You can read the document yourself at the PARCC site. EdWeek has a nice overview, too.

The questions I have encountered in my own school and in other school districts has revolved around having enough computers for students taking the PARCC in a given school, and the legimate concern that those computers, labs and carts will be locked down for long time stretches for testing, and not for student use for creating and exploring with technology. I think that is a legitimate concern, don’t you?

Peace (in the tech requirements),
Kevin

 

Living the Manual to Understand the Instructions

I found this passage from a recent blog post from James Paul Gee fascinating, and harkens to discussions I am having in my classroom right now as we dive into video game design. It has to do with manuals to play games, and whether gamers read them or just jump in. Gee notes that, as cold reading, manuals make almost no sense. You have to experience the world first before the instructions can be helpful. This is so different from other kinds of reading, right?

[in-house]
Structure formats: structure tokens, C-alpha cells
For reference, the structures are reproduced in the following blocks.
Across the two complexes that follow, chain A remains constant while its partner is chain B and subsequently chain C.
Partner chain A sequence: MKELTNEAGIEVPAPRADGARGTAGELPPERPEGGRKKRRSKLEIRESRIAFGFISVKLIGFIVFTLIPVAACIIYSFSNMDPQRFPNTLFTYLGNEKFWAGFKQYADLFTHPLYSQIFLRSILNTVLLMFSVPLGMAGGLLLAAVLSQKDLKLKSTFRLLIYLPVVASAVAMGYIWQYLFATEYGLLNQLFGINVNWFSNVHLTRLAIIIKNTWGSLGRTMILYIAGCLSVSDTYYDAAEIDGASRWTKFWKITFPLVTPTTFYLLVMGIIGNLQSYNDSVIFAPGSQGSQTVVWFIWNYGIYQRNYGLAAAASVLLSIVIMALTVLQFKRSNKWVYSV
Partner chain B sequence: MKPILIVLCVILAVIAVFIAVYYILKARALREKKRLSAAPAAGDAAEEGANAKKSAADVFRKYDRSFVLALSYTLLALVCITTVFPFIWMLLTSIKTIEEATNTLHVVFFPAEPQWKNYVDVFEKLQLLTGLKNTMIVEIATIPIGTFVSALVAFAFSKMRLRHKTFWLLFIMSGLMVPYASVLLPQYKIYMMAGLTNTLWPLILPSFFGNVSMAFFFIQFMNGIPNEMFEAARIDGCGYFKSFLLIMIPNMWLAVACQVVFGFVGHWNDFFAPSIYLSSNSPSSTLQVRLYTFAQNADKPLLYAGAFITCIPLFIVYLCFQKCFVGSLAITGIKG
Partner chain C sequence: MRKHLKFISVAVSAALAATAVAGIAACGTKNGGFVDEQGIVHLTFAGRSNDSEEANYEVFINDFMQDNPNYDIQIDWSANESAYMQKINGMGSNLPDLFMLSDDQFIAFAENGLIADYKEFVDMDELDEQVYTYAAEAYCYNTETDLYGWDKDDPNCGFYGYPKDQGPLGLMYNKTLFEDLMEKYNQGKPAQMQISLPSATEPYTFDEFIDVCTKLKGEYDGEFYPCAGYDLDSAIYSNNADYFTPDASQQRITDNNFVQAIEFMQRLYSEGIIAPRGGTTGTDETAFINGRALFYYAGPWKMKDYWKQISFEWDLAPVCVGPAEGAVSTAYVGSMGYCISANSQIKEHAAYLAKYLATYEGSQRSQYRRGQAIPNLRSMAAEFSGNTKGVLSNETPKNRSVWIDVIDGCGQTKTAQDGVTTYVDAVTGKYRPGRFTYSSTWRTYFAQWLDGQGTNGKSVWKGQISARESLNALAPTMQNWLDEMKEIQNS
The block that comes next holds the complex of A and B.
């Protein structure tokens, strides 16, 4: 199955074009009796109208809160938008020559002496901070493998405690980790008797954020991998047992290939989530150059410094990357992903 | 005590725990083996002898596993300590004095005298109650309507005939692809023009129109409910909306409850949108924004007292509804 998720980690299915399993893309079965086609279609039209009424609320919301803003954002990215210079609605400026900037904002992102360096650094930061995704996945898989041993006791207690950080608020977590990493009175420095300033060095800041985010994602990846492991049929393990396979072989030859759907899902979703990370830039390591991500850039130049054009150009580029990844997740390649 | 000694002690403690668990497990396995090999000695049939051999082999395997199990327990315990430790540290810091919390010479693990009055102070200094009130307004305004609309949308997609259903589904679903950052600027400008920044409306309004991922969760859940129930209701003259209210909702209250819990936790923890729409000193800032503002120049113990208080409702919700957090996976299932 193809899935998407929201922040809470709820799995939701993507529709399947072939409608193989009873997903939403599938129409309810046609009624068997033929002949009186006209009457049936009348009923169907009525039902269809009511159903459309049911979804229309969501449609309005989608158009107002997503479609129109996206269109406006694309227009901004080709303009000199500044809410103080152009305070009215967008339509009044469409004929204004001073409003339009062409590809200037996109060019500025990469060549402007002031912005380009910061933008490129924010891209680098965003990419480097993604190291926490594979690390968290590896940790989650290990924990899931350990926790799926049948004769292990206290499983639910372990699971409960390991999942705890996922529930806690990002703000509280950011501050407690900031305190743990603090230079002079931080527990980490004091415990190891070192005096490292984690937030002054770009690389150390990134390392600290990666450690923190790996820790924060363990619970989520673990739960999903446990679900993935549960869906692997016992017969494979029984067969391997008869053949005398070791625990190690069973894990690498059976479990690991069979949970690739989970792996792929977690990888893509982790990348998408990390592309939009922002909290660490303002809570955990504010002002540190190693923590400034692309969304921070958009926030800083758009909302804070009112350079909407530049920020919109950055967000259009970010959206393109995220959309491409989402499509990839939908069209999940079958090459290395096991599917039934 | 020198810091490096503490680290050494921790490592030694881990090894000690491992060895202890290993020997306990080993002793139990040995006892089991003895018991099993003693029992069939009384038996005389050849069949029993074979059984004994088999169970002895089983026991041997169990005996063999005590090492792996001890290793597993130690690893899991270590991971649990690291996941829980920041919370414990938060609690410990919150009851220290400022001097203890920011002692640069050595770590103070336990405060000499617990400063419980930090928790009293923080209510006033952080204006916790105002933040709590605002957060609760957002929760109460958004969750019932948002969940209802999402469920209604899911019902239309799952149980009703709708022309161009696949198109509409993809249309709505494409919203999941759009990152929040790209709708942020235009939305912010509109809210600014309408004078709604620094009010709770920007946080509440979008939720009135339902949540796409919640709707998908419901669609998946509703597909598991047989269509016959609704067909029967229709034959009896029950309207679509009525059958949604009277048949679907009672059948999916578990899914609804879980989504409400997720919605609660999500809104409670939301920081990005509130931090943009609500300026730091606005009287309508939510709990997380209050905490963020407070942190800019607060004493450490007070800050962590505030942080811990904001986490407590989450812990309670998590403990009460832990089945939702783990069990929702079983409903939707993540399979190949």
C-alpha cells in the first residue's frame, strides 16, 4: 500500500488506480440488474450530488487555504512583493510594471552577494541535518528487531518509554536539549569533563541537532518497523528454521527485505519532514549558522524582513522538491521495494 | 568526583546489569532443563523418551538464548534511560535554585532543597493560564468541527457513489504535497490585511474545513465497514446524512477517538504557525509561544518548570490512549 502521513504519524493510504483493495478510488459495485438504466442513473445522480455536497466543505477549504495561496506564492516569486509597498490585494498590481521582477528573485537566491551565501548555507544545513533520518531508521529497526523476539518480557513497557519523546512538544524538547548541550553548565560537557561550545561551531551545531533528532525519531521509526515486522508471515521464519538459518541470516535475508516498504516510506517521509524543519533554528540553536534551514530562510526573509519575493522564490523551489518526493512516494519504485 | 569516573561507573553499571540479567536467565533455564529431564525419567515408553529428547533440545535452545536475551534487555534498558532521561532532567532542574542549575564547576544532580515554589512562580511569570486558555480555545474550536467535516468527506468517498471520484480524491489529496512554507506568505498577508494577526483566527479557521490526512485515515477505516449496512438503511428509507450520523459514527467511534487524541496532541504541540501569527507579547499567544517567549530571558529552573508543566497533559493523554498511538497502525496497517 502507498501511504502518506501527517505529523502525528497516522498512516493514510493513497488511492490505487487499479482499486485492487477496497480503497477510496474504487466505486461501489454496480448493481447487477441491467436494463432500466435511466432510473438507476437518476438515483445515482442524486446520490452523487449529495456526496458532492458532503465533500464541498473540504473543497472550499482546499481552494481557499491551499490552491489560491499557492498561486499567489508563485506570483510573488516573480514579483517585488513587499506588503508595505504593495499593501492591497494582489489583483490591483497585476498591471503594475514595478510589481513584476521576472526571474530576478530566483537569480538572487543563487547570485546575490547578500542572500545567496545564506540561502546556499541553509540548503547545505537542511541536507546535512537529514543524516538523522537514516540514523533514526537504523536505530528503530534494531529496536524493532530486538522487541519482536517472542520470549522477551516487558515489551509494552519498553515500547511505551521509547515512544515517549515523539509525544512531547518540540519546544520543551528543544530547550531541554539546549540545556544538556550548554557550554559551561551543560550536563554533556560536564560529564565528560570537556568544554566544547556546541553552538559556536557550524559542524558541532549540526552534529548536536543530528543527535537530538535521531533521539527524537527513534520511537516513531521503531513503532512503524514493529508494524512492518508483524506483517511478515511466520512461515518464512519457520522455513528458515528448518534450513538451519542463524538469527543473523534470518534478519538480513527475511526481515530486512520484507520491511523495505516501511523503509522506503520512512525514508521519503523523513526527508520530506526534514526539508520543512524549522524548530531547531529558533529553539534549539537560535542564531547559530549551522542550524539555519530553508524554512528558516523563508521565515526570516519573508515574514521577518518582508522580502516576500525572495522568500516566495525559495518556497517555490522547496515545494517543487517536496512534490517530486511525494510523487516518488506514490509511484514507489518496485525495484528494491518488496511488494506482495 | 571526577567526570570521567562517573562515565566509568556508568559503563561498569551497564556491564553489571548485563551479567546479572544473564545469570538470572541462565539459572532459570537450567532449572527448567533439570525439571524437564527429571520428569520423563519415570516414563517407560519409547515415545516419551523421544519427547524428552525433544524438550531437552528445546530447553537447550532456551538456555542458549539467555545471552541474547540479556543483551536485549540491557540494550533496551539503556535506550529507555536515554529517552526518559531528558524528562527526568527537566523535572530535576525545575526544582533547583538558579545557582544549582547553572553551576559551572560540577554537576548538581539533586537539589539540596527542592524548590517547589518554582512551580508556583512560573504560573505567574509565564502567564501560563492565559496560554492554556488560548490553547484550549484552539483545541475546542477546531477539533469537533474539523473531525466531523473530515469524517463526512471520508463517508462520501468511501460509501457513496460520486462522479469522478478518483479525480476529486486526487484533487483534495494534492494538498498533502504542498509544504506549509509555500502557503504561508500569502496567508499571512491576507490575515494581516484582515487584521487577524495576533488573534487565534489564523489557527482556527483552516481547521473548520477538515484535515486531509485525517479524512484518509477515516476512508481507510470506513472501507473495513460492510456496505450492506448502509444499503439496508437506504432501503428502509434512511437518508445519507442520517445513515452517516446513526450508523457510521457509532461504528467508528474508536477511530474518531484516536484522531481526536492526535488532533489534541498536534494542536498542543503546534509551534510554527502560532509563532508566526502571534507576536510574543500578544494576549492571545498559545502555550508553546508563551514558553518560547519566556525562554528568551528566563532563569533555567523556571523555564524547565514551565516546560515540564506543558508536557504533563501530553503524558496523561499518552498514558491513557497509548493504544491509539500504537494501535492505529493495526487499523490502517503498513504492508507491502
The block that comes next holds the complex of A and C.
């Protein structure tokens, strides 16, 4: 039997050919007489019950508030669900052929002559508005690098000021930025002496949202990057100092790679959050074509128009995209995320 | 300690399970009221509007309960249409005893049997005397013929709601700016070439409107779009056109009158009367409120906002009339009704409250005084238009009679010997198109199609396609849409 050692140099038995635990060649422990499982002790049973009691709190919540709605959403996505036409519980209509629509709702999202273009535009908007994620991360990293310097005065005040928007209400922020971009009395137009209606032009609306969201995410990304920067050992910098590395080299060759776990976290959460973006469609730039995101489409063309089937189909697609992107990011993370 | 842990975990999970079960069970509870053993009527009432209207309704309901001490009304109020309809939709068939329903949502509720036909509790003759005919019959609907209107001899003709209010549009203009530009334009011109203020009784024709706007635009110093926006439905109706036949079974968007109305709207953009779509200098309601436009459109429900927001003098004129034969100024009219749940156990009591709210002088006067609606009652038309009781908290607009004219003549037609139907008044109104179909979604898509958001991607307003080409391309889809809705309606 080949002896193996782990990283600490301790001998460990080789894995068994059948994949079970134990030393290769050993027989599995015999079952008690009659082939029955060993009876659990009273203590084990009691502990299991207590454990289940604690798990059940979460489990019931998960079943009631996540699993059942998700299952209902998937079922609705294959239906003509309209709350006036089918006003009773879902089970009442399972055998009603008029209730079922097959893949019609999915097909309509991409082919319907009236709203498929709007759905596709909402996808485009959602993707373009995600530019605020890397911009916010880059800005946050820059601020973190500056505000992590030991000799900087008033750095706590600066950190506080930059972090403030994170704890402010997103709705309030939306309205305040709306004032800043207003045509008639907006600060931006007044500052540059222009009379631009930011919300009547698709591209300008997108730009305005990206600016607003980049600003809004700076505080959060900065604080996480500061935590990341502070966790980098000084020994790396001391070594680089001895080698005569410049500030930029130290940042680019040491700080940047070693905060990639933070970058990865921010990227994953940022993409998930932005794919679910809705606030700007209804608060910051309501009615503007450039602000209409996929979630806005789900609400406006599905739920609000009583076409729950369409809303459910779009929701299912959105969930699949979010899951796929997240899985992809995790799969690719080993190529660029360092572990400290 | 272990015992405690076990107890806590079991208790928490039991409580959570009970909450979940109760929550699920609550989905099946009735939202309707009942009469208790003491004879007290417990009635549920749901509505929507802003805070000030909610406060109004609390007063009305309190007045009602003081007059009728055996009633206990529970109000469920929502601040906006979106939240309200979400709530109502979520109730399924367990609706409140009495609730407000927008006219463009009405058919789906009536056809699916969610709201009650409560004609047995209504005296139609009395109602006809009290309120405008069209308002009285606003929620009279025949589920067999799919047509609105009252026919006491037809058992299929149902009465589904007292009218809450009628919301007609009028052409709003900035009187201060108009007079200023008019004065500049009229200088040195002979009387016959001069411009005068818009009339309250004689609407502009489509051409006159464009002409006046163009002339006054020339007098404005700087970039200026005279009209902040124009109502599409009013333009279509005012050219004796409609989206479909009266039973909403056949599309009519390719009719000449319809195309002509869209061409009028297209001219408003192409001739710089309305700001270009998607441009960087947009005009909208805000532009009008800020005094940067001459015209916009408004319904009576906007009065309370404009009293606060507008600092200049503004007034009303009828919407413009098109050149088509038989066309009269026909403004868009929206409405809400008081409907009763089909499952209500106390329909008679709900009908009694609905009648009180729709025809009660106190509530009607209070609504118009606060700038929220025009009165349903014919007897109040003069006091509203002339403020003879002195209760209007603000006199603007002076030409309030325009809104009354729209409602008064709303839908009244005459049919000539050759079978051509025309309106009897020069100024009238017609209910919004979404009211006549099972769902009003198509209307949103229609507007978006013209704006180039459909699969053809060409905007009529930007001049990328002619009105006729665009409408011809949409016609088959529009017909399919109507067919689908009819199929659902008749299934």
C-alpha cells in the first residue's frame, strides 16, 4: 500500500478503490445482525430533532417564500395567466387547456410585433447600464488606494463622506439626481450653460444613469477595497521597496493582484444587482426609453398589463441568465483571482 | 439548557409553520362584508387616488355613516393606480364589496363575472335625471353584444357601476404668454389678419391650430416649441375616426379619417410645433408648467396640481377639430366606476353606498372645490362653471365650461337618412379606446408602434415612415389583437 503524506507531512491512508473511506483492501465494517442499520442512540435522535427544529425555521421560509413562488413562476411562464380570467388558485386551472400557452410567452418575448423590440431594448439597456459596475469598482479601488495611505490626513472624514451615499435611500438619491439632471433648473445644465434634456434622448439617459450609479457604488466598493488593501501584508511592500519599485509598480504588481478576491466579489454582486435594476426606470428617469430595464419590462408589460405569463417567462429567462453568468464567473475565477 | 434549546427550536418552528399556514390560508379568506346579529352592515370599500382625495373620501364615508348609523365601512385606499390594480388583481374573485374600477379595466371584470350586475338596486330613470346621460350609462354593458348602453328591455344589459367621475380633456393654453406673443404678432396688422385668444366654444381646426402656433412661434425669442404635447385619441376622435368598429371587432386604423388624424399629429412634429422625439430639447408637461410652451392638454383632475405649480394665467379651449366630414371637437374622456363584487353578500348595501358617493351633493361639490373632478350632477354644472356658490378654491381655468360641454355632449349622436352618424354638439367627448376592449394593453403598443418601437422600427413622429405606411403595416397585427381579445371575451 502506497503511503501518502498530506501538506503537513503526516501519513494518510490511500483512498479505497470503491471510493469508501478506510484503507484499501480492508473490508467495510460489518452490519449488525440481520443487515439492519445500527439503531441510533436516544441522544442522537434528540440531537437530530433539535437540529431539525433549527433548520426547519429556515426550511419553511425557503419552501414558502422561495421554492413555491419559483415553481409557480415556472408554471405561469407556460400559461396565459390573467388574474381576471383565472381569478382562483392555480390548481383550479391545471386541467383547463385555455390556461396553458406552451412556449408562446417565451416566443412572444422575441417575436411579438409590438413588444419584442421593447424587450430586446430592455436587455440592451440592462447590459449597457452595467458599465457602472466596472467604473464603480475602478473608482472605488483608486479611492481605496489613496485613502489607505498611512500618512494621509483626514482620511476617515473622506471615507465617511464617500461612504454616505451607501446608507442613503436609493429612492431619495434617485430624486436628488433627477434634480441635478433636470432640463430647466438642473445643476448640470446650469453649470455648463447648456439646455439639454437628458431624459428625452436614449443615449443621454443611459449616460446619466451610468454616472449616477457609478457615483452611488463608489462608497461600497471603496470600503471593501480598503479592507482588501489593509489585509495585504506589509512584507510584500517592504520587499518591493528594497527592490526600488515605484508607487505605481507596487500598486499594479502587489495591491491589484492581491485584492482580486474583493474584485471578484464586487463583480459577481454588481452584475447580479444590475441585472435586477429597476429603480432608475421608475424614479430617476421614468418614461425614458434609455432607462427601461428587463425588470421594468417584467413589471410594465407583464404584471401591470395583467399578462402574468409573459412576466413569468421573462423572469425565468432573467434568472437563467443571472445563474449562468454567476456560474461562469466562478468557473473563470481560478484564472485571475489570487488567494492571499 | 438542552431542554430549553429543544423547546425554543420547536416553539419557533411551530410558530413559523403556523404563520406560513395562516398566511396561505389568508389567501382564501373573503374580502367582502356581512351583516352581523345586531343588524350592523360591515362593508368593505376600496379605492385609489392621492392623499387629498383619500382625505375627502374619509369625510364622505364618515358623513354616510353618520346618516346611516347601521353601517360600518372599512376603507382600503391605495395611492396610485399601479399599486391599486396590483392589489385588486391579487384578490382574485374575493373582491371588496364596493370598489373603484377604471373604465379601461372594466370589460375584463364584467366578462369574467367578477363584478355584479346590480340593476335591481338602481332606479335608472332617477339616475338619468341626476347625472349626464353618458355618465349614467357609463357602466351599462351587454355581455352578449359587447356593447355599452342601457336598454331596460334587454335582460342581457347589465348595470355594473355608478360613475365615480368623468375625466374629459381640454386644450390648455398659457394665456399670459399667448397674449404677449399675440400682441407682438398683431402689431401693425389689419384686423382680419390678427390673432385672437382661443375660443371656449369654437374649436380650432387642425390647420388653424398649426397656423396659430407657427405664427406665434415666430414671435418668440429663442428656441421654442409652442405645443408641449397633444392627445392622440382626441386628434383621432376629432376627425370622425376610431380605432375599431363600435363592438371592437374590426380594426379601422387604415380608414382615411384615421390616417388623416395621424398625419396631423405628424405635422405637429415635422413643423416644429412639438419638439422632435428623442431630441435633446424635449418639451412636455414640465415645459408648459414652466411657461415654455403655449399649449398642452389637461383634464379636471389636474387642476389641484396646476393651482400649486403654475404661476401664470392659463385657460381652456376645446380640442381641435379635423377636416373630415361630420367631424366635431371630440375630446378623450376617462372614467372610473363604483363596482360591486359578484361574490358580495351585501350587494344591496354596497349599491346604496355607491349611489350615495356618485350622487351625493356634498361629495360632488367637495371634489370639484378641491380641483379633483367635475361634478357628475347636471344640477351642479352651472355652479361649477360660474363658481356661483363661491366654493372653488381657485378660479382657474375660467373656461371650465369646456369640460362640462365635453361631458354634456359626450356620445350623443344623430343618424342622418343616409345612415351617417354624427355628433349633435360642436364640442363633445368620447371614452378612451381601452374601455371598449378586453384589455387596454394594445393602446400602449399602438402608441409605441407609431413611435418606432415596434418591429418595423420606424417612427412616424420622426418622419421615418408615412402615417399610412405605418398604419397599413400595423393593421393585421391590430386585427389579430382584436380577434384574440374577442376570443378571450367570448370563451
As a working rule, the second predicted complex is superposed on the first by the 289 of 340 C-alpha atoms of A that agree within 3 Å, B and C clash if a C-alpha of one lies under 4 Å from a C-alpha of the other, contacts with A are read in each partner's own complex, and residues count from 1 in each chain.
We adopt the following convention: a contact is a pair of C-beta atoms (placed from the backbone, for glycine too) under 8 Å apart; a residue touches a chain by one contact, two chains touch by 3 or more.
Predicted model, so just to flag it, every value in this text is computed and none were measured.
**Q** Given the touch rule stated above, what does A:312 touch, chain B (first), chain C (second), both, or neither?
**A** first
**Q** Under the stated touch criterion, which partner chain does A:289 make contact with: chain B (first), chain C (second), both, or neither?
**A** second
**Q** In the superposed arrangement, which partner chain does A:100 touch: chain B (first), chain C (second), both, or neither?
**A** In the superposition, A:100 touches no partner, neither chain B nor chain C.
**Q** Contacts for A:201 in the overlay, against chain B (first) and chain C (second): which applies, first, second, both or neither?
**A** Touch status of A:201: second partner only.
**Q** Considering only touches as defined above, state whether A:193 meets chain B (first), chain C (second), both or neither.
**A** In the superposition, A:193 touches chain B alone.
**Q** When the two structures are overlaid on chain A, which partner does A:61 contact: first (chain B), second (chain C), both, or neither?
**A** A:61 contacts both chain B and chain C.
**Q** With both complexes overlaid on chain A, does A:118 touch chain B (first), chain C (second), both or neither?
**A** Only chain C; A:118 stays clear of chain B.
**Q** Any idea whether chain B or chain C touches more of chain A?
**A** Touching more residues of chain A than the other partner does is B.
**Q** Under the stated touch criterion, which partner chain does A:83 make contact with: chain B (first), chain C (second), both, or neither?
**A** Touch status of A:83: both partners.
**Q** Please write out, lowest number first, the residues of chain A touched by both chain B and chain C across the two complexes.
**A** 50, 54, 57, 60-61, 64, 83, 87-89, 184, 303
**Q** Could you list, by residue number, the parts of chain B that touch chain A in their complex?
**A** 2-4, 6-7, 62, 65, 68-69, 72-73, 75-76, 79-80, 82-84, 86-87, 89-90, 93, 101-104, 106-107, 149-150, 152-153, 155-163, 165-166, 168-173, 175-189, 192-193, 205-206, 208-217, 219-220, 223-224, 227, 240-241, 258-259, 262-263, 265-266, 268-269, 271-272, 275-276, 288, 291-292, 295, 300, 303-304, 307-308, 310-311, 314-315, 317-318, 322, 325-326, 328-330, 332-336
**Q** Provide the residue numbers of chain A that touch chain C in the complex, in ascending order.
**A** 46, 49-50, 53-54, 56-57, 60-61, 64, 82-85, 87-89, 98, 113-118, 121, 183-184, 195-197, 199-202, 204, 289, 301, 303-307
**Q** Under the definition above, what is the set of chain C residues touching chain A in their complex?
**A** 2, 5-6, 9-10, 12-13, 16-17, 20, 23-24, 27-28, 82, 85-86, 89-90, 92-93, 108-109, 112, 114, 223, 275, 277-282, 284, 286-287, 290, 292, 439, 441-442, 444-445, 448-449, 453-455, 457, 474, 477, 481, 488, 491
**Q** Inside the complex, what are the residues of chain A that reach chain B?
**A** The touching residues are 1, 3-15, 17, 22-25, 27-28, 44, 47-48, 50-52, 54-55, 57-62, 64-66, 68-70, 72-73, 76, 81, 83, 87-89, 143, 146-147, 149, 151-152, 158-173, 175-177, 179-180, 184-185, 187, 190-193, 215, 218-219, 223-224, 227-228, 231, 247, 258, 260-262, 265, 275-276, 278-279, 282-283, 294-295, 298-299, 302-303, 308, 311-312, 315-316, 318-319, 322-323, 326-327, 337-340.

Check out Gee‘s thoughts:

If you try to read a video game manual before you have ever played a game, you can, at best, associate definitions and paraphrases with the words in the text.  The manual is boring and close to useless, when it is not simply inexplicable.  If, however, you play the game for hours—you do not have to play at all well—then when you pick up the manual again everything will be clear.

Now you will be able to associate images, actions, experiences, goals, and dialogue from the game with each of the words in the text.  You will have lived in the world the manual is about and will know how the words of the text apply to that world to describe it and allow you to solve problems in it.

The same thing is true for any text, for example, for a middle school science text.  If you have lived in (mucked around in) the world it is about and applies to, you have situated understandings for the words in the text and can use the text to facilitate problem solving.  If you have not had such experiences, then all you have, at best, are verbal meanings.   These may be fine for passing skill-and-drill paper-and-pencil tests, but they are not fine for deep understanding or problem solving.” — James Paul Gee, at http://www.jamespaulgee.com/node/64

Peace (in the thinking of reading),
Kevin

 

A Reader’s Lament: The Digital Devours Newsweek

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(or listen here)

So long, Newsweek. I’m going to miss you.